To jog himself out of his apathy and feelings of being insulated, Thomas starts taking cocaine, and moves into an apartment owned by Edoardo, who keeps dangling before him the promise of solutions to the mystery of the murder, prodding him to read a screenplay he’s written containing the secrets he’s uncovered. Thomas starts developing a burrowing paranoia in his sleepless and drug-addled state, and soon can’t tell if he’s stumbling into a dangerous situation or simply lapping around the pool of his own lack of inspiration and drive. The further he seems to be moving away from the locus of the hullaballoo of trials and media hacks, however, the closer he seems to be moving towards the murder victim herself, the erased person who cannot speak at all and has been blotted out by the sensation: the title comes from the common ironic reflection on Jessica’s appearance but Thomas instead applies it to the lost Elizabeth, who conflates in his mind variously with Bea, Melanie, and himself. He and Simone talk to judges on the case, to police, and to some of the witnesses and friends of the accused, each locked in their own little space of confusion, satisfaction, or grief.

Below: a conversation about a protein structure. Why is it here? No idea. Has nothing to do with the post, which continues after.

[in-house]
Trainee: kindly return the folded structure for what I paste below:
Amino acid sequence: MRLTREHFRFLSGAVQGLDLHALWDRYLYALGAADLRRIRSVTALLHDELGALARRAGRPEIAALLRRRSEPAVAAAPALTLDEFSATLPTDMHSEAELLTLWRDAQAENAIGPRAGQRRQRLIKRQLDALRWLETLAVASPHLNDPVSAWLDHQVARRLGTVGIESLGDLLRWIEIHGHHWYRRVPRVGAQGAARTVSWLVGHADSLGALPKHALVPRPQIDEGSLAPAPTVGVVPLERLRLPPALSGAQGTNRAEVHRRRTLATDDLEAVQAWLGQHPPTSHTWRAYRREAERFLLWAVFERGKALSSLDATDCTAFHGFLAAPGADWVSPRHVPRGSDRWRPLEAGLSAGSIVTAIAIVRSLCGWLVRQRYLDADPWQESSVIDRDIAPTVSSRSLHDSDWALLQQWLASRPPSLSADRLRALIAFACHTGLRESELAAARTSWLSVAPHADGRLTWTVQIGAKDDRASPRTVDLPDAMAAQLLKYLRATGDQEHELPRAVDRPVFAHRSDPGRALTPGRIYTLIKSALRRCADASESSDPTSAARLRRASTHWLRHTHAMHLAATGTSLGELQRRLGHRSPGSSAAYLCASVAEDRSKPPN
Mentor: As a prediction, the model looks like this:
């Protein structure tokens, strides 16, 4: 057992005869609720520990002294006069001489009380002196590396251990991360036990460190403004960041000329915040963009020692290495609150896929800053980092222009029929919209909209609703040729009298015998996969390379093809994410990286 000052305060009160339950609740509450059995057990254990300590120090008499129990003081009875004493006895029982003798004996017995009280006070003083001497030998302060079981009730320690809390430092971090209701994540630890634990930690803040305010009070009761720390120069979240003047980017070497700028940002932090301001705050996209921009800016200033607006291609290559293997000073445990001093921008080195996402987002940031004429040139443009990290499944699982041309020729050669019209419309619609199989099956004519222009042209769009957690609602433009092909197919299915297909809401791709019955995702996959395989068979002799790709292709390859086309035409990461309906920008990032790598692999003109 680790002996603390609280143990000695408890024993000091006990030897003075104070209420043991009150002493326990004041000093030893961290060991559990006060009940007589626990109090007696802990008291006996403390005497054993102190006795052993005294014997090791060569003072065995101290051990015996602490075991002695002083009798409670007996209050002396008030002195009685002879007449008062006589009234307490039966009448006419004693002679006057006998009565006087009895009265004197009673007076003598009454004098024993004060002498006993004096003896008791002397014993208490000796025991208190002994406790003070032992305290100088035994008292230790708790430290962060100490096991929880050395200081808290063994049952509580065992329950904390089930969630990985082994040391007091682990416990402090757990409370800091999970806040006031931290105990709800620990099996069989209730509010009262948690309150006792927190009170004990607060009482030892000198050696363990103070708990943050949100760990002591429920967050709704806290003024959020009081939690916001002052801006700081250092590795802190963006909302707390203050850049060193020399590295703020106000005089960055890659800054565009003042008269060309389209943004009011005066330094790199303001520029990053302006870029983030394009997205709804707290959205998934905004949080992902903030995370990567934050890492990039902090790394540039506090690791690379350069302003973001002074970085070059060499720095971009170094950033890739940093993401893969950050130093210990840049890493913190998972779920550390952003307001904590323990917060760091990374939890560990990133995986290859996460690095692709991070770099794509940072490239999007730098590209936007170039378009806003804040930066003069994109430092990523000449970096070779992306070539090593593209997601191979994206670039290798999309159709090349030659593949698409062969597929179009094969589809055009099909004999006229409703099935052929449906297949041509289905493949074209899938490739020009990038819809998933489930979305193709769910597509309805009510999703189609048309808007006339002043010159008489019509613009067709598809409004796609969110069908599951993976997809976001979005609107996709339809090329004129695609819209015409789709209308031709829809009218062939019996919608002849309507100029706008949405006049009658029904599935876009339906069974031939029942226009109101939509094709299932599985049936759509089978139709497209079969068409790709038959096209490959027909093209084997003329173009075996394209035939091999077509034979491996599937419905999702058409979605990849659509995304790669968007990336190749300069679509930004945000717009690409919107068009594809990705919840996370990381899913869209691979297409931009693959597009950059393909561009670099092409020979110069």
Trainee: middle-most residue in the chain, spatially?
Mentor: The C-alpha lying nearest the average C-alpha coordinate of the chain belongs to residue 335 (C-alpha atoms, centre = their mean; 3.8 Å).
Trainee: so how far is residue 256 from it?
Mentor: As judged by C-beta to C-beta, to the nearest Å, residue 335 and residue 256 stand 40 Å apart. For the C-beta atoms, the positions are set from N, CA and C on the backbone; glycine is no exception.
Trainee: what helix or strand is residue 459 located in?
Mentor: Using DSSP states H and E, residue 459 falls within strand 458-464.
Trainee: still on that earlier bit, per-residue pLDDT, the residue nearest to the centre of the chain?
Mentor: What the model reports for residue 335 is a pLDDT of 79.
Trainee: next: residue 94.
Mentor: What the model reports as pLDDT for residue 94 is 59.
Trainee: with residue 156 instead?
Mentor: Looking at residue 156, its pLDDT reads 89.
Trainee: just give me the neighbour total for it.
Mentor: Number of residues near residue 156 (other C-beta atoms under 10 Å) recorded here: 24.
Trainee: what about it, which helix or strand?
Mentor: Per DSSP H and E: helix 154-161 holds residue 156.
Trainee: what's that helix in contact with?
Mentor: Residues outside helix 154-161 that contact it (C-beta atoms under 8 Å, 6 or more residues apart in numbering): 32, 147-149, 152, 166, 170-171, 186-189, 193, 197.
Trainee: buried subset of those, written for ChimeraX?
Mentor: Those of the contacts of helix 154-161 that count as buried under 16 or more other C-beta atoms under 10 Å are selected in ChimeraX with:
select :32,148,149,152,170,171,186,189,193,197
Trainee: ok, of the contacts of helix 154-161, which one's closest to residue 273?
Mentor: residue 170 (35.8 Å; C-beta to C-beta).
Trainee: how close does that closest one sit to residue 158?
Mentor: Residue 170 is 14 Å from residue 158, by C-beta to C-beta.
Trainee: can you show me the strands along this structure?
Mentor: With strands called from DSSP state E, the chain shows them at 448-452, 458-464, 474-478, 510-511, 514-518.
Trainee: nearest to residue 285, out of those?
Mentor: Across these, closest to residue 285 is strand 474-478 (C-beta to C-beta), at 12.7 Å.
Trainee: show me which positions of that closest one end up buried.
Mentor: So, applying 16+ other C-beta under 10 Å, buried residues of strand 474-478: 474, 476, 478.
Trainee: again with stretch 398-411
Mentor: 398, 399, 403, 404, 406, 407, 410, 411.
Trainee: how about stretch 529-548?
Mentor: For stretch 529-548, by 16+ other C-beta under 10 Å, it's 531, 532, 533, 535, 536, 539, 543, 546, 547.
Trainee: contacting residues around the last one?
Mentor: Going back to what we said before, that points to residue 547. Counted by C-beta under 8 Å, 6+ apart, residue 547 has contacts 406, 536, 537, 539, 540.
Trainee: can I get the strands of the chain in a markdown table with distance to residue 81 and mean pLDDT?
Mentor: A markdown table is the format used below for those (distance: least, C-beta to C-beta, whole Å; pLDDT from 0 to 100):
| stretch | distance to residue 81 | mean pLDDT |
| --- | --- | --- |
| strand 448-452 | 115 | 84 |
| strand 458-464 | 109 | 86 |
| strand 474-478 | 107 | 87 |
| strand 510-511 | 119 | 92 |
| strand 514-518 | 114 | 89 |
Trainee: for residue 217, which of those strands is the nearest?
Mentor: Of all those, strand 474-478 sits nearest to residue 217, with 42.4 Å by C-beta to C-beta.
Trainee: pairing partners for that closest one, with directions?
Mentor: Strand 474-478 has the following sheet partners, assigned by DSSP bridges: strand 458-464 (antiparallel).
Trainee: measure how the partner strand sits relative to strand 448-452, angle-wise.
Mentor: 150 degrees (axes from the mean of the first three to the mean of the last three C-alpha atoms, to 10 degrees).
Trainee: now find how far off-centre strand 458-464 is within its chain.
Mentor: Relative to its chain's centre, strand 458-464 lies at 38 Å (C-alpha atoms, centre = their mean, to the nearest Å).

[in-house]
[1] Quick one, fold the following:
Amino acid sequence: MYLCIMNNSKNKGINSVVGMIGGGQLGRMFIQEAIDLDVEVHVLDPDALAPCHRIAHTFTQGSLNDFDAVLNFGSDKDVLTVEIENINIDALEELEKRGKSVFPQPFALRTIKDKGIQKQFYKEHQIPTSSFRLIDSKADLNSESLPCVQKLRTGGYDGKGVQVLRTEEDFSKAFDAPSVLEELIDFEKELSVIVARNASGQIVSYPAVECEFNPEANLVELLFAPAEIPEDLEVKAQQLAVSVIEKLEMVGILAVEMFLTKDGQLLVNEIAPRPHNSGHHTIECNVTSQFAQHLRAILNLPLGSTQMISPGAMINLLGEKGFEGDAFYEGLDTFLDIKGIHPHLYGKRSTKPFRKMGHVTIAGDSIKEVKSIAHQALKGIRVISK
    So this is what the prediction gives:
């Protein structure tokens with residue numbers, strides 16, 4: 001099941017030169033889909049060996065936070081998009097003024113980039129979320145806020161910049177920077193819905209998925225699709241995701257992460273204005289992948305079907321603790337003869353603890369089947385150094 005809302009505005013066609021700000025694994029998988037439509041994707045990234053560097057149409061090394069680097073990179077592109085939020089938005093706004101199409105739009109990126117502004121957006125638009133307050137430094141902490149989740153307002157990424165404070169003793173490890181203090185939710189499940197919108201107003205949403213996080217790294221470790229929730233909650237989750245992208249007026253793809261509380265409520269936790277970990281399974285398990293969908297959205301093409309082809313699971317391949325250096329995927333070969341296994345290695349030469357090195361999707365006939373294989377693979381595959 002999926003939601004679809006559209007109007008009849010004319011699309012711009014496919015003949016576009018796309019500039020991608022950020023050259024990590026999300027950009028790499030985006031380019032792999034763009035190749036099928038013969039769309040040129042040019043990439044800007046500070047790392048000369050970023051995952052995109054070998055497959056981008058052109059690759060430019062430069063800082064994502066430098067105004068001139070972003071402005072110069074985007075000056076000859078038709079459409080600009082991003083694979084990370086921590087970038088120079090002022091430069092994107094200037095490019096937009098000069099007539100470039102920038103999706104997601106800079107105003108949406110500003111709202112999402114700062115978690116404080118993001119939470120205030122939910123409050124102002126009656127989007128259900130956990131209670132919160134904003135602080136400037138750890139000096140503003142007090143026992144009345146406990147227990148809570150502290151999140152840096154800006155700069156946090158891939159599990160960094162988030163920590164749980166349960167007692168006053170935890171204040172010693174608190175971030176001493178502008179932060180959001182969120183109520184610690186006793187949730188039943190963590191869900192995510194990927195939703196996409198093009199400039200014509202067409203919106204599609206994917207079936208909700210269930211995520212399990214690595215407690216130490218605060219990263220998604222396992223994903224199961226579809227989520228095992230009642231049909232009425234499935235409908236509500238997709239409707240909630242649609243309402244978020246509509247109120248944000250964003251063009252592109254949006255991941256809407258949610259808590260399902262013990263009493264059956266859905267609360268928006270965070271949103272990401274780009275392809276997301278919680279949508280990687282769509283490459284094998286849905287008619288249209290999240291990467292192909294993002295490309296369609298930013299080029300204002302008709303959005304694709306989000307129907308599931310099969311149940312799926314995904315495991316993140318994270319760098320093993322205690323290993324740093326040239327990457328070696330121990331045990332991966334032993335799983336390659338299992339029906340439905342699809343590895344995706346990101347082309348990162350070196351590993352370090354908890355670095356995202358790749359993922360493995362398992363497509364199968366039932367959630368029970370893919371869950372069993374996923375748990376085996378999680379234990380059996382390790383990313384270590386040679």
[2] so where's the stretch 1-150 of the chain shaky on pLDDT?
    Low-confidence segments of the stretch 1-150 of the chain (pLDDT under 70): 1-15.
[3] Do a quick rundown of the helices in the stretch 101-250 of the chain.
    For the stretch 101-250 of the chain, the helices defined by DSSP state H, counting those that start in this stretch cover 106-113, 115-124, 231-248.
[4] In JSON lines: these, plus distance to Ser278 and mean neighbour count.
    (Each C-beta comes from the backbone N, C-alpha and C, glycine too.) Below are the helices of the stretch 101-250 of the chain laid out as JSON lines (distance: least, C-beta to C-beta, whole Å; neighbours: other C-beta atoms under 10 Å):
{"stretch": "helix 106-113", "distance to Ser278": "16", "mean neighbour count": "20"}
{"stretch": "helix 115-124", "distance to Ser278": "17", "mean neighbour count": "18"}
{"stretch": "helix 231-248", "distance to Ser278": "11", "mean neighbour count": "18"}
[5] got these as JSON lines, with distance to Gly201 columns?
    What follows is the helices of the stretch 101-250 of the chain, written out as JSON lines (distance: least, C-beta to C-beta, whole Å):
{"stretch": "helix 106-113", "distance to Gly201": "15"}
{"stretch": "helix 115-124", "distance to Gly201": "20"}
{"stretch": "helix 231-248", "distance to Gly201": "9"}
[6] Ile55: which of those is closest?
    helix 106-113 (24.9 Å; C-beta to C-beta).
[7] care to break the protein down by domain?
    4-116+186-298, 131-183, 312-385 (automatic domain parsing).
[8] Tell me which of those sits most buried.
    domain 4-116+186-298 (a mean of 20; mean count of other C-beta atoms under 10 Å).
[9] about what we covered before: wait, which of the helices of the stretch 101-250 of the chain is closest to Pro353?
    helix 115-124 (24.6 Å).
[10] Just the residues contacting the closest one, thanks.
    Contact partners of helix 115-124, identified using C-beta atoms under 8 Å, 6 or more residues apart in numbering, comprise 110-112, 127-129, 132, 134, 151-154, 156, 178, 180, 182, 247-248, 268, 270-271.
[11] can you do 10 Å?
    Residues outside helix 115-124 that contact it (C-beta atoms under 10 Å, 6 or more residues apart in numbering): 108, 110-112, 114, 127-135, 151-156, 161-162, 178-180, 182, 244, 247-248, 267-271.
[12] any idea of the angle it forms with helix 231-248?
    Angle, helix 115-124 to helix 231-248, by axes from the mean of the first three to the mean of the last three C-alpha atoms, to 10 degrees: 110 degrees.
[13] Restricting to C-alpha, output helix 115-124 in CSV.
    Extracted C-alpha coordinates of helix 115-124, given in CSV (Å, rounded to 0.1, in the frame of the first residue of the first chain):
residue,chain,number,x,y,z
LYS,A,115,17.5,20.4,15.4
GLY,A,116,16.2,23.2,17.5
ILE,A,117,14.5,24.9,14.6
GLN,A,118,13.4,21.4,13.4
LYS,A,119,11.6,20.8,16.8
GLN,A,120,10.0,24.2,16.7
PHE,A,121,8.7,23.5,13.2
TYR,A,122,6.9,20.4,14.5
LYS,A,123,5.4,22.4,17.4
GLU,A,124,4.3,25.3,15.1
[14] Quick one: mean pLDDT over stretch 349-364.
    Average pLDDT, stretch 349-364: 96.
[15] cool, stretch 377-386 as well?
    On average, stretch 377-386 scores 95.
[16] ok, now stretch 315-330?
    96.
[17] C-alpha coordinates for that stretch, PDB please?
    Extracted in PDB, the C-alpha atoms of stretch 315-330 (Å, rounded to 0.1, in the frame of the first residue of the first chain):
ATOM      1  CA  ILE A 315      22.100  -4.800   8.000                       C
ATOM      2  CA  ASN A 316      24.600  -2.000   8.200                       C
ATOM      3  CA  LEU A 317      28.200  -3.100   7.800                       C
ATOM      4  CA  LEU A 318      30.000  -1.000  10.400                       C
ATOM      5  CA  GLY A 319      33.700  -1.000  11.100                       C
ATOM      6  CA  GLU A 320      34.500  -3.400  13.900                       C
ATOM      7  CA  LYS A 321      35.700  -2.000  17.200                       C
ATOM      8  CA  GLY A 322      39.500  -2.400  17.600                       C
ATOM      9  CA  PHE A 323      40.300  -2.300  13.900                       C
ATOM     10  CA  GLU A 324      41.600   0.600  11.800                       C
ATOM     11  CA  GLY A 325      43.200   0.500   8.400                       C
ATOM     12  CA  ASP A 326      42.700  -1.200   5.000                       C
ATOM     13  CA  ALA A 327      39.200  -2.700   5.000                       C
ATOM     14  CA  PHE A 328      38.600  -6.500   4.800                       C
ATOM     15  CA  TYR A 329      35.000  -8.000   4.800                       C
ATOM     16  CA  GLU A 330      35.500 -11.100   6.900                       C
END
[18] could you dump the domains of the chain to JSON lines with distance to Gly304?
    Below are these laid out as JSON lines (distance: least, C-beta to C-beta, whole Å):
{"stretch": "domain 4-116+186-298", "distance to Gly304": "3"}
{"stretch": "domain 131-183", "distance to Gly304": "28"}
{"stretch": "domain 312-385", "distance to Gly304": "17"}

The Face of an Angel is a failed work in many regards, but it’s certainly a failure of fascinating density and revealing confluence. Here we have Winterbottom the post-modern show-pony of A Cock and Bull Story (2006). The reportorial alertness of Welcome to Sarajevo (1996) and 24 Hour Party People (2002). The wandering diarist of 9 Songs (2004) and The Trip (2010) and the exiled bourgeois of Genova (2008). The litterateur of Jude (1996) and The Claim (2000). The delver into troubled psyches and tormented libidos found in I Want You (1998) and The Killer Inside Me (2010). Almost all of Winterbottom’s artistic facets are on show, except, tellingly and frustratingly, his gift for contending with real ugliness and edge: The Face of an Angel tries admirably to deal with the significance of murder in any way but in contemplating murder itself, but as a consequence remains at arm’s length from scenes of real, raw consequence, reproducing its hero’s habit of moving in devolving circles without quite finding any point of great import or urgent access. The film is the by-product of too many options, too many possible attitudes, as Winterbottom instead gets caught up in presenting exactly that quandary, how a sensitive human deals with a hunt for truth in a world that rides roughshod over it. Winterbottom accumulates cinematic as well as artistic and literary reference points. 8½ (1963) is an obvious point of inspiration as ever for Winterbottom who’s often tackled the creative act itself as a theme. The portrait of the investigator fascinated with the image of murdered beauty recalls Laura (1944), the investigator’s addled chase down rabbit holes of non-event are reminiscent of Eyes Wide Shut (1999) and Zodiac (2007). The theme of the foreigner in Italy beset by enigmas, like Genova, nods to Nicolas Roeg’s Don’t Look Back (1973), although Winterbottom would never try to approximate Roeg’s high-style gamesmanship. He prefers the breeziness of a loose structure and the happenstance epiphanies of the shoot. Winterbottom even seems to be trying here to lend the sojourner improv of the Trip films/series to a more serious subject, in a film that begs description in a first-person subheading: how I went to Siena, screwed some gorgeous ladies, snorted good coke, and started getting my shit together by losing it completely.